Women and Justice: Keywords

Domestic Case Law

丛艳青故意杀人案,中华人民共和国最高人民法院 (People's Procuratorate of Baoding City Hebei Province v. Cong) China Supreme People's Court (2014)

Domestic and intimate partner violence, Femicide

The defendant was convicted of murder and sentenced to death for stabbing his wife (Cui) and mother-in-law (Zhao) to death, which was upheld by the Supreme People’s Court. Cui had previously filed for divorce. On October 4, 2012, the defendant got into an argument with Zhao and Cui. The defendant chased Zhao out of the house and stabbed her to death. The defendant then caught up with Cui, who had run to a neighbor’s house for help, and stabbed her to death. The Supreme People’s Court affirmed the lower courts’ finding that the defendant was guilty of unlawfully depriving others of their lives, which constituted intentional homicide. The Supreme People’s Court upheld the death penalty, holding that the defendant’s killing method was cruel and the consequences were particularly serious, and thus the death penalty was the appropriate sentence according to the law.



The State v. Dausab High Court of Namibia (2018)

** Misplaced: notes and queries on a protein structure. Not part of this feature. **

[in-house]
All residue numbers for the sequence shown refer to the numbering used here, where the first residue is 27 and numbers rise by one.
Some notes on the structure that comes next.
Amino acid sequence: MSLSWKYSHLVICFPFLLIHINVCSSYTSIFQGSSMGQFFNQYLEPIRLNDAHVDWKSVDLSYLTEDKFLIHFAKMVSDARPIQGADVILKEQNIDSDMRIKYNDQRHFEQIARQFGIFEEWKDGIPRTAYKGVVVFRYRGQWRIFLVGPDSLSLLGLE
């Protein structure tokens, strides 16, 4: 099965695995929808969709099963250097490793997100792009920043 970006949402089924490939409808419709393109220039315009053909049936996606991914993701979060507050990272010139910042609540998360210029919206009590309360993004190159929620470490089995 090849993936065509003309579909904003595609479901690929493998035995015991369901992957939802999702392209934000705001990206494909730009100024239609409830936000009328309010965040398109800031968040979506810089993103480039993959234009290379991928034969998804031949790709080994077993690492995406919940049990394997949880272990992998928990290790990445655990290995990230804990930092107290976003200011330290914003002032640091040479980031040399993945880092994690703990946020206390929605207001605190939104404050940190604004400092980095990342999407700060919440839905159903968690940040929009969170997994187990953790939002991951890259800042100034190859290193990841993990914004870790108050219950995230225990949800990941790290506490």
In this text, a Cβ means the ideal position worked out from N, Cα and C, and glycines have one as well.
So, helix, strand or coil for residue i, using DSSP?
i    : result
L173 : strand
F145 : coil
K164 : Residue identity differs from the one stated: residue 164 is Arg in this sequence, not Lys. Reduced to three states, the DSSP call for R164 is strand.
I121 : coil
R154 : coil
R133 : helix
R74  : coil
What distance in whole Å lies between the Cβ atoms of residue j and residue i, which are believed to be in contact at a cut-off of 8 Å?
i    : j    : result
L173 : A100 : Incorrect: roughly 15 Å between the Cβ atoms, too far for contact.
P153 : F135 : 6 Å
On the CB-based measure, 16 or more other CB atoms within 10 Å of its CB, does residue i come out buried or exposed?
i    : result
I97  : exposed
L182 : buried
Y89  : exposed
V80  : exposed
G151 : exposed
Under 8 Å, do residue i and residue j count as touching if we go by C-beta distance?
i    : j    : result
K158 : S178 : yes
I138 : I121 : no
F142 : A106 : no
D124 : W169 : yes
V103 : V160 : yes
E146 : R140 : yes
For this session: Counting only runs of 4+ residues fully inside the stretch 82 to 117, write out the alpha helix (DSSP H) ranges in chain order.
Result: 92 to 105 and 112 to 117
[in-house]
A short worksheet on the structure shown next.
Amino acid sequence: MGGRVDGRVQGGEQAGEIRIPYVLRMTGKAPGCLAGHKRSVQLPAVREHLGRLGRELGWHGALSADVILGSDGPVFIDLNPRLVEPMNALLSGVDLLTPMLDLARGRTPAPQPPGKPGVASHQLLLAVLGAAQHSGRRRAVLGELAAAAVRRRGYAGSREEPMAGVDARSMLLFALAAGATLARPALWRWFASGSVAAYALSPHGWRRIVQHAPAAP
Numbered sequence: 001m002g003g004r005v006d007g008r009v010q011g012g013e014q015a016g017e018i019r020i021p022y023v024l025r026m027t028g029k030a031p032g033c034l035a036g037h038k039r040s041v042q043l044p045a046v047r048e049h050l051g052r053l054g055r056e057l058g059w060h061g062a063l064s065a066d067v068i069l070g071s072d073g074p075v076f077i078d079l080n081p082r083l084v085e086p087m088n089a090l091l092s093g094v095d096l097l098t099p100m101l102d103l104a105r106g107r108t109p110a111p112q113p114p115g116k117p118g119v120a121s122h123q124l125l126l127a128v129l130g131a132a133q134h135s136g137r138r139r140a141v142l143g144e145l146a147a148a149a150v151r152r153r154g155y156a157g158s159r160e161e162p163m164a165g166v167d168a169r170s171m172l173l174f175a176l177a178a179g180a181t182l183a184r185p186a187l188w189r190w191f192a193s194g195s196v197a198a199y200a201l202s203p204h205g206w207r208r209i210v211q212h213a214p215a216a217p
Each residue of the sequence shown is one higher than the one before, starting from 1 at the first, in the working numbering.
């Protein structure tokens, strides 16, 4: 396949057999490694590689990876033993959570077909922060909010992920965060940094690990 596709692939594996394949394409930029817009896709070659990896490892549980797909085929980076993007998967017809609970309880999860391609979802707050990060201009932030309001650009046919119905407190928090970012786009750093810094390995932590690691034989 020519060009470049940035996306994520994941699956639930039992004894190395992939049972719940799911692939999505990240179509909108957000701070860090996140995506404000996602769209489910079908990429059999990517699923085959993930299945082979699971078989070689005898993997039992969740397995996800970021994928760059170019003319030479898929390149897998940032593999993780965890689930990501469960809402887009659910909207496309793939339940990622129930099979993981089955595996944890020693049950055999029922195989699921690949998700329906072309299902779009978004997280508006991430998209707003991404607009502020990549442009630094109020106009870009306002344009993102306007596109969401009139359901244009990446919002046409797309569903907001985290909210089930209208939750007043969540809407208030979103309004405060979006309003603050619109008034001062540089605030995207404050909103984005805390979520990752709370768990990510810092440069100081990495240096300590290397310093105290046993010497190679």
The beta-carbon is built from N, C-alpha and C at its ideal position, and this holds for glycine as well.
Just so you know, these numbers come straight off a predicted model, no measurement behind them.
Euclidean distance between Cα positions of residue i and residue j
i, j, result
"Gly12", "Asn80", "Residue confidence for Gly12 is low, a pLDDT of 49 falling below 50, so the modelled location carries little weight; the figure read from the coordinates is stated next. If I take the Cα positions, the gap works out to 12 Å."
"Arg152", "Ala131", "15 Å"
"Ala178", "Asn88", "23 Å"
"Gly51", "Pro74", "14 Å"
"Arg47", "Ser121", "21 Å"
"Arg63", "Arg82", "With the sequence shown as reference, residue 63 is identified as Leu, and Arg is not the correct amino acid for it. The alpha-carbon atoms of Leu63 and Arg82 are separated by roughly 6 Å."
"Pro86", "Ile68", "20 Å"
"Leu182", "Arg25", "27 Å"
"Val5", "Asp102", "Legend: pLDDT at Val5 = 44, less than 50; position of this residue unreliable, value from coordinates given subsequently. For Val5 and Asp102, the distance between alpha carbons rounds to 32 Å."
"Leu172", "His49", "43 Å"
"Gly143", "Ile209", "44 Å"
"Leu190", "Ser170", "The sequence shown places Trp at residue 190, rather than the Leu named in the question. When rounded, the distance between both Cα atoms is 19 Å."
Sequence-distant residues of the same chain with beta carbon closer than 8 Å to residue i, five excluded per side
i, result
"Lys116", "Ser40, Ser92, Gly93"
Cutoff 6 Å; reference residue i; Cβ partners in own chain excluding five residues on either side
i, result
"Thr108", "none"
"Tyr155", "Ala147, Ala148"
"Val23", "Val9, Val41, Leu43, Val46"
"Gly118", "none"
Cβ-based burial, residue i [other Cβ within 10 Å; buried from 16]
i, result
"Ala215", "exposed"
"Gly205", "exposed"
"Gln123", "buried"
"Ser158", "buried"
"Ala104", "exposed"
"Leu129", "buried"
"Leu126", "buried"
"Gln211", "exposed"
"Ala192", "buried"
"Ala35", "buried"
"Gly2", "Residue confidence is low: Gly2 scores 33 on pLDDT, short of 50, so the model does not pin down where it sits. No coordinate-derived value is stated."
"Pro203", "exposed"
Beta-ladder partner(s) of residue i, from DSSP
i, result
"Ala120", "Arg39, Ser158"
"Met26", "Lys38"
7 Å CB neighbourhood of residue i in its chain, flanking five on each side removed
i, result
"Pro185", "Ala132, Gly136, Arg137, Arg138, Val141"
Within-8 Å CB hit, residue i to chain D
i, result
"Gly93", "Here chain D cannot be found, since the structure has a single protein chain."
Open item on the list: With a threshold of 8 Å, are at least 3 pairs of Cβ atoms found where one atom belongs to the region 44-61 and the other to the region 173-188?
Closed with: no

Domestic and intimate partner violence, Femicide

The accused was convicted of pre-meditated murder and sentenced to life imprisonment after stabbing his girlfriend (“the victim”) 27 times and locking her in a room until she bled to death. Prior to murdering the victim, the accused sent her a text message describing how he would kill her. At trial, the court determined the crime was aggravated by the fact that the accused had a direct intention of murdering his girlfriend and did so in a domestic setting. In imposing a sentence, the court took into account retribution, prevention of crime, deterrence and reformation. The court further found that the accused did not care about the victim’s right to life, but rather his own wellbeing, that he “played victim,” and that he showed no remorse. The judge stated that it “is high time that men in relationships with women should understand that once a woman tells them that they are no longer interested in continuing with the relationship, she means just that and her views and feelings should be understood and respected.”